Critical access hospitals (CAHs)—defined as having 25 or fewer acute care beds and located more than 35 miles from the nearest hospital—are crucial to the US rural safety net. In a retrospective analysis of national Medicare and other data, Joynt and colleagues Article compared quality of care and outcomes among patients with acute myocardial infarction, congestive heart failure, and pneumonia at CAHs vs non-CAHs. The authors found that CAHs had fewer clinical capabilities, worse measured processes of care, and higher mortality rates for the 3 conditions examined. In an editorial, Lipsky and Glasser Article discuss strategies to improve quality of care in CAHs.
Approximately 600 000 percutaneous coronary interventions (PCIs) are performed annually in the United States; however, the appropriateness of these procedures is unknown. Chan and colleagues analyzed national cardiovascular registry data from patients undergoing PCI in 2009 and 2010 and assessed PCI appropriateness using the appropriate use criteria for coronary revascularization developed by 6 professional organizations. The authors report that nearly all PCIs for acute indications could be classified as appropriate. Among PCIs performed for nonacute indications, 12% were classified as inappropriate and 38% of uncertain appropriateness, with substantial variation across hospitals.
Sudden cardiac death may be the first manifestation of coronary heart disease, particularly among women, and primary preventive strategies are needed. Chiuve and colleagues analyzed data from the prospective Nurses' Health Study and found that adherence to a low-risk lifestyle—defined as not smoking, having a body mass index of less than 25, exercising 30 minutes a day or longer, and consuming a diet that closely resembles a Mediterranean-style diet—was associated with a low risk of sudden cardiac death during 26 years of follow-up.
When prenatal antiretroviral treatment of women with human immunodeficiency virus infection is considered suboptimal, infant treatment guidelines include the option to reinforce postnatal treatment with combination antiretroviral therapy. Lopinavir-ritonavir is one combination in use, but toxicity in premature and very young newborns has been reported. In a retrospective cross-sectional analysis of national data from France, Simon and colleagues found that compared with standard postnatal zidovudine treatment, immediate postnatal treatment with lopinavir-ritonavir was associated with transient adrenal dysfunction, including life-threatening adrenal insufficiency in premature infants.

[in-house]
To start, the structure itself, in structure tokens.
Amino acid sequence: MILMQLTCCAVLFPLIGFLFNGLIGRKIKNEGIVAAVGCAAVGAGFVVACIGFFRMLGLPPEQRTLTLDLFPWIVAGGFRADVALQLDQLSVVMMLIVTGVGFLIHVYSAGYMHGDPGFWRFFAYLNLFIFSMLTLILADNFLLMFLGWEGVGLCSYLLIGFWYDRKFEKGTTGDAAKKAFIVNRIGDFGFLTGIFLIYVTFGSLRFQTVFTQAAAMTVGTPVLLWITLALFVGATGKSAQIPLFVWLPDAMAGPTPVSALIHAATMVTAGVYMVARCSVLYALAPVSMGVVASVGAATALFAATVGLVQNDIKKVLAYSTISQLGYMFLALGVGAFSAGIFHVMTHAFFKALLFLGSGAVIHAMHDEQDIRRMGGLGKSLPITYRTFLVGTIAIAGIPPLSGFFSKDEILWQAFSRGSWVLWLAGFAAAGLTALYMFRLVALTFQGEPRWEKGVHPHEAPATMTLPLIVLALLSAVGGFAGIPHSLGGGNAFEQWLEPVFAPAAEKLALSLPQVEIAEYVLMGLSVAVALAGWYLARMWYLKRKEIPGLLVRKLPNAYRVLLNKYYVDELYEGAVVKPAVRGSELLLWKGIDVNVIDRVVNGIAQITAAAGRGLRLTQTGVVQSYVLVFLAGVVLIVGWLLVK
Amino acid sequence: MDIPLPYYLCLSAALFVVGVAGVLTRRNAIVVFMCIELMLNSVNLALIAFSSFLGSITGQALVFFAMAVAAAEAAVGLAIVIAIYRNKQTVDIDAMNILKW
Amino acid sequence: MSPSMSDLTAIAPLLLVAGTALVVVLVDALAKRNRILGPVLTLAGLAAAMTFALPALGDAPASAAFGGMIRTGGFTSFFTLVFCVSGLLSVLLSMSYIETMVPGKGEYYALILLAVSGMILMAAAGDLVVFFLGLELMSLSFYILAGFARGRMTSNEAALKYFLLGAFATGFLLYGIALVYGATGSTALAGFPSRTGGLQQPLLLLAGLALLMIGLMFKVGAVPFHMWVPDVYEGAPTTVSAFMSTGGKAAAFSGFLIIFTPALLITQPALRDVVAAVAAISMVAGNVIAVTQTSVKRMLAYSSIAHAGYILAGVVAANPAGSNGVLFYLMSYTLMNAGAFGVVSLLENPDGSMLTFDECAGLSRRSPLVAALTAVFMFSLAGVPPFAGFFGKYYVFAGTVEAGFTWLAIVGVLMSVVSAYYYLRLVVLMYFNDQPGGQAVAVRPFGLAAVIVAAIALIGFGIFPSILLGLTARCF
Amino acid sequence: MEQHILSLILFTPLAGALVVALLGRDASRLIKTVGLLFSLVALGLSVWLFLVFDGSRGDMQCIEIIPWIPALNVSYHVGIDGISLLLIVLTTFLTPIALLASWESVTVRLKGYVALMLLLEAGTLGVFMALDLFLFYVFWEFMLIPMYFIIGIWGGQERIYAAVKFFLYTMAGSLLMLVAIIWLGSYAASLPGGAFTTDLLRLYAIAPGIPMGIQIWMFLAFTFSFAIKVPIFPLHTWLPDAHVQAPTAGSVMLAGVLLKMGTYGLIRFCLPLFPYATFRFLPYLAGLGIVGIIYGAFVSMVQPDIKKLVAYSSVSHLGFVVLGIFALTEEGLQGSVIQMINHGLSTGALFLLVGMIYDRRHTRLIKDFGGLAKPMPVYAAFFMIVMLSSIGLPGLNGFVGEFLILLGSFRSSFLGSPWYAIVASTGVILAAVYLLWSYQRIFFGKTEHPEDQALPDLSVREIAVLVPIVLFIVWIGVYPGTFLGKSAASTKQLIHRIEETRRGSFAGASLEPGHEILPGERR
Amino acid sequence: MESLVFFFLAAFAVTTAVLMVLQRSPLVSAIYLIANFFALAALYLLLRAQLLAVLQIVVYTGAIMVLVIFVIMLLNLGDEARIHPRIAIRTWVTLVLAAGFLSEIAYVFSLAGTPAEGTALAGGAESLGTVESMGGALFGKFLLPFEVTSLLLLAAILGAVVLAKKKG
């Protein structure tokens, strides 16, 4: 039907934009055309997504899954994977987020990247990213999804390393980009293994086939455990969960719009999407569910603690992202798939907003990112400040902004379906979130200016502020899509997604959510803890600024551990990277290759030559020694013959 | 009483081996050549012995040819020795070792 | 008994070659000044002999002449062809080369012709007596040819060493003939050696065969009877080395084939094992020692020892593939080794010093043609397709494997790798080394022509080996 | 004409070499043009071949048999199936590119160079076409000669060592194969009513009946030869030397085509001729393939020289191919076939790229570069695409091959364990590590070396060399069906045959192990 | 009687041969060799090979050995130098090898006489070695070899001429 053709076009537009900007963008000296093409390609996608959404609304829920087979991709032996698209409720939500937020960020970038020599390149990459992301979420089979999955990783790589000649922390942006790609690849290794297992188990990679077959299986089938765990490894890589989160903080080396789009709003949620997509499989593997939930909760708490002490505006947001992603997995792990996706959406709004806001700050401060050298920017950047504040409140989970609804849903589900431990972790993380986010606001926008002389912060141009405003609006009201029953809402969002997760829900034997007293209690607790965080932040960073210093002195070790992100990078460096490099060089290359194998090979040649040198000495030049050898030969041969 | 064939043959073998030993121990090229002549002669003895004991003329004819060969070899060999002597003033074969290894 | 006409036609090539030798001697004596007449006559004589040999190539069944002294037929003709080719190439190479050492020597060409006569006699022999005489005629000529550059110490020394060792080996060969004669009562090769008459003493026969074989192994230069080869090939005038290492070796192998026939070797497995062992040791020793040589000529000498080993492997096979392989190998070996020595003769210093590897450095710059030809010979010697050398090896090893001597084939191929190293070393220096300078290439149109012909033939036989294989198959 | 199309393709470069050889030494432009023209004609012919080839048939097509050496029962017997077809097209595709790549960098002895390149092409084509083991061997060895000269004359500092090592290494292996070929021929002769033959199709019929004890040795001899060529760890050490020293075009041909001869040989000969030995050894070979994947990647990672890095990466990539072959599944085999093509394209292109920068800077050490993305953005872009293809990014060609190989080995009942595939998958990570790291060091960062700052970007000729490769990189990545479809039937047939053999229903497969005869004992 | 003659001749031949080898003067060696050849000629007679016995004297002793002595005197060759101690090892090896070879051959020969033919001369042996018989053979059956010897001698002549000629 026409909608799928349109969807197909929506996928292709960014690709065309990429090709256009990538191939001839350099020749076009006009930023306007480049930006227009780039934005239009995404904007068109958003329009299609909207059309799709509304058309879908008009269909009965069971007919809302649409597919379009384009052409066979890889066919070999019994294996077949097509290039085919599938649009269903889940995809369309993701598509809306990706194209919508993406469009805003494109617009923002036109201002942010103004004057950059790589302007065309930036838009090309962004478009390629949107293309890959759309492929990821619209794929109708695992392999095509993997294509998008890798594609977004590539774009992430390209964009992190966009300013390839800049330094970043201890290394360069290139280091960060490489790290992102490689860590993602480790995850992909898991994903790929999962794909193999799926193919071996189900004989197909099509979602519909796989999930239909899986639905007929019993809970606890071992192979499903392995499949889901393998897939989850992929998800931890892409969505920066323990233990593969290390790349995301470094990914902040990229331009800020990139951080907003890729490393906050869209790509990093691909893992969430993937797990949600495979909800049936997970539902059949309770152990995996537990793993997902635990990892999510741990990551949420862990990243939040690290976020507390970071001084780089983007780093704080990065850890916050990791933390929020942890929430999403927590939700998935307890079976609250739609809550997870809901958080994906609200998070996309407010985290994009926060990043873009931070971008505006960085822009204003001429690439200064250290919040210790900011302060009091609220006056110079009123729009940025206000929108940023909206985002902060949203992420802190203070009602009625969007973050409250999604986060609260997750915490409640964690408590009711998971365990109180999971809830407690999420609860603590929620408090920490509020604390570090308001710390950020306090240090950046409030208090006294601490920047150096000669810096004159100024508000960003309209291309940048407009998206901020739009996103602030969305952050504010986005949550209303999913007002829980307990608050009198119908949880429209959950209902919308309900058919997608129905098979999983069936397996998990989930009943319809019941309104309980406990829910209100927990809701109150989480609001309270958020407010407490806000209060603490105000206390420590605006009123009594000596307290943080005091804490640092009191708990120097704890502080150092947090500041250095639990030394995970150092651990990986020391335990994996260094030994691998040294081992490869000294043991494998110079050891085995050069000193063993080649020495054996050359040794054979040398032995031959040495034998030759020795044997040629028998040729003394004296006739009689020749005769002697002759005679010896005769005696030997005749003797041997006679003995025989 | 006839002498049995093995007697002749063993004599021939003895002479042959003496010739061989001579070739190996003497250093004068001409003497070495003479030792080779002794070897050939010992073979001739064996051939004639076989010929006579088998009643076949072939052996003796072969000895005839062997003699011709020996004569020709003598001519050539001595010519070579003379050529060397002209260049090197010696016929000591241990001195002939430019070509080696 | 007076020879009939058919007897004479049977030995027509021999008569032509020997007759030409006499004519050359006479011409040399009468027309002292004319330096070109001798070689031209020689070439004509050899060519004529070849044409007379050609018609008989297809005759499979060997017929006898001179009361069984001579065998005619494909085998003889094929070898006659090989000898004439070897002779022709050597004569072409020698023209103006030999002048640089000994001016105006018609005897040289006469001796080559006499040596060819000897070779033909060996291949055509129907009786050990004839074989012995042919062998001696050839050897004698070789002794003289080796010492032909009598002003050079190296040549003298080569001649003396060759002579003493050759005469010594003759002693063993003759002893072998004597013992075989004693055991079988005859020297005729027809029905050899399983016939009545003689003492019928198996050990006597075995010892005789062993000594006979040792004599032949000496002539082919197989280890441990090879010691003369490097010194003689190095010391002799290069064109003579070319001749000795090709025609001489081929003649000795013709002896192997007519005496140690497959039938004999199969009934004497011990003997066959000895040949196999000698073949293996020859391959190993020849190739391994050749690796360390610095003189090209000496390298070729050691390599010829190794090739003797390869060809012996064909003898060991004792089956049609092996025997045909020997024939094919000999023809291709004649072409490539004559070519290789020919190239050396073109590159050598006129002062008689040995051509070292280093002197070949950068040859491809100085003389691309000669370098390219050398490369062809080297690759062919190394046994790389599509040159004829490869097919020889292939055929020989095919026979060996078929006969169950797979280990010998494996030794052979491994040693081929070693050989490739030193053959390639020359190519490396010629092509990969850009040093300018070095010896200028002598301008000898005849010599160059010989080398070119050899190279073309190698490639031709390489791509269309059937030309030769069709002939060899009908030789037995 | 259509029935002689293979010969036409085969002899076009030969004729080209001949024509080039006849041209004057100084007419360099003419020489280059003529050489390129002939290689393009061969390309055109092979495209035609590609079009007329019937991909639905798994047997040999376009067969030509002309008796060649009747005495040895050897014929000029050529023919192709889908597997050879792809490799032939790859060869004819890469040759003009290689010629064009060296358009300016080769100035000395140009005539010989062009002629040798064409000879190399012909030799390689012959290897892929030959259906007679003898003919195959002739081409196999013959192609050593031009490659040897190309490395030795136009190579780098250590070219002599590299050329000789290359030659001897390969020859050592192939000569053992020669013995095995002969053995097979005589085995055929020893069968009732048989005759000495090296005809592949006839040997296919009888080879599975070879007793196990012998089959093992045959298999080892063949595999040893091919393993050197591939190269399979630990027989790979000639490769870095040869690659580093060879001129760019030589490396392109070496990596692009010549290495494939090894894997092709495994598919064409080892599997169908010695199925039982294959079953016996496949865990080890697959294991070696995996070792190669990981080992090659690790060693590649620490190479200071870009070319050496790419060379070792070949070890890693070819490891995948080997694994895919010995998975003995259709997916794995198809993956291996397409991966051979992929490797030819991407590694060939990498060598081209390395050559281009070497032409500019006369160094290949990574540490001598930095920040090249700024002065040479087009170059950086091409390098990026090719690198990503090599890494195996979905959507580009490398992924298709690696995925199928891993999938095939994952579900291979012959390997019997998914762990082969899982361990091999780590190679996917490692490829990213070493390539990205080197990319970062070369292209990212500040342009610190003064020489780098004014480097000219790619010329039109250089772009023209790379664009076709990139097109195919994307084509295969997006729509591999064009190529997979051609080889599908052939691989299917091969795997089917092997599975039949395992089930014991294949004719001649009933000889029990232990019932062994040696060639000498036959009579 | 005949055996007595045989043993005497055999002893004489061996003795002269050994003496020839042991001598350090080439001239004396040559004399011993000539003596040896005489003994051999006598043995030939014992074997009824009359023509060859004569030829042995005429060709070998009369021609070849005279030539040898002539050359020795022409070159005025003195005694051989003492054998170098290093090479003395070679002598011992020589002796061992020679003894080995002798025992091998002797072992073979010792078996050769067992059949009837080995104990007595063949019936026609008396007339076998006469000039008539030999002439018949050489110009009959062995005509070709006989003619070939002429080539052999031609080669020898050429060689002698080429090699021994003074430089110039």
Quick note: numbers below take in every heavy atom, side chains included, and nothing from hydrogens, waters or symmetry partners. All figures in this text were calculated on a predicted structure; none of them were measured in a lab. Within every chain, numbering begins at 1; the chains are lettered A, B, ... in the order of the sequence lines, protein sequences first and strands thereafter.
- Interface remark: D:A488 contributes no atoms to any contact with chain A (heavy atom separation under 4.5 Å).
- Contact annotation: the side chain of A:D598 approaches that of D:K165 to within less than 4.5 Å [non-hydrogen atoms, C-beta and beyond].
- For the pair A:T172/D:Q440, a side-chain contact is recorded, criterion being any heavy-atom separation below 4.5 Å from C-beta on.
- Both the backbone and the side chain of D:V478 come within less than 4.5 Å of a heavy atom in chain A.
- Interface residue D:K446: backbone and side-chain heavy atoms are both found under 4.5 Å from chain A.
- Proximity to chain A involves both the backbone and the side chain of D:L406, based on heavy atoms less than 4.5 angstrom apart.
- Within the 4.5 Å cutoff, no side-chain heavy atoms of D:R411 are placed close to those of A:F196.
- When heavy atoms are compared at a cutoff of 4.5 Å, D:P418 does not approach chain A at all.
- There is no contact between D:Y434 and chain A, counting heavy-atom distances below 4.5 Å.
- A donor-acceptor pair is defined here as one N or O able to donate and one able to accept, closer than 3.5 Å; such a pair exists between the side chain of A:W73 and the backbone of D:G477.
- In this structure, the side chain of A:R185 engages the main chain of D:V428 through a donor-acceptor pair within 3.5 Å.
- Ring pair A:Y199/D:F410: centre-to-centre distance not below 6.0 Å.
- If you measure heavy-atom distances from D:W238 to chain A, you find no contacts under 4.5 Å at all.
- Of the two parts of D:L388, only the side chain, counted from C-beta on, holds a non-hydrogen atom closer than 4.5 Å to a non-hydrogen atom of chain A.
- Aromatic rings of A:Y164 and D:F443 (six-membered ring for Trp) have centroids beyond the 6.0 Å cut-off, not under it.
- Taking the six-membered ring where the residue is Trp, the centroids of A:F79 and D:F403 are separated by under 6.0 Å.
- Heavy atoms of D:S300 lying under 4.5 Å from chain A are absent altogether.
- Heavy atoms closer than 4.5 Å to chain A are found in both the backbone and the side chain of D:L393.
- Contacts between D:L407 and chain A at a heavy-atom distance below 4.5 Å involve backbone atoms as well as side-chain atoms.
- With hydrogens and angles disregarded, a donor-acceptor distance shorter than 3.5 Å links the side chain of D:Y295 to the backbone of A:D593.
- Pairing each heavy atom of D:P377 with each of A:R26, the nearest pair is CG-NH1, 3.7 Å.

Ms X, a healthy high school student, fell while skiing without a helmet. Passersby found her unconscious, but she was alert and oriented when emergency personnel arrived at the scene. Results of head computed tomography and neck plain films were normal in the emergency department. Several days later she reported amnesia, periorbital headache, neck pain, fatigue, and malaise. Zafonte discusses the evaluation, prognosis, and management of sports-associated concussion.
“This case brings forth a nasty secret that physicians know full well but few will admit, at least publicly: We are afraid of being sued for malpractice.” From “The Silent Majority.”
A resurgence of pertussis in countries with high vaccination rates is troubling and not well understood.
FDA regulation of food safety
Clinical decision support and malpractice risk
Electronic health records and patient safety
(ARTICLE AND AUTHOR INTERVIEW)
Do nice patients receive better care?
Dr Bauchner's vision for JAMA
Join Gordon D. Schiff, MD, Wednesday, July 20, from 2 to 3 PM eastern time to discuss addressing diagnostic delays and communication across institutions. To register, go to http://www.ihi.org/AuthorintheRoom.
Dr Bauchner summarizes and comments on this week's issue. Go to http://jama.ama-assn.org/misc/audiocommentary.dtl.
Mr Y, a healthy 42-year-old divorced man, is at relatively low risk for HIV infection. Should he be encouraged to undergo screening for HIV infection? Go to www.jama.com to read the case. Submit your response by August 7 for possible online posting.
For your patients: Information about concussion in young athletes.
This Week in JAMA. JAMA. 2011;306(1):11. doi:10.1001/jama.2011.935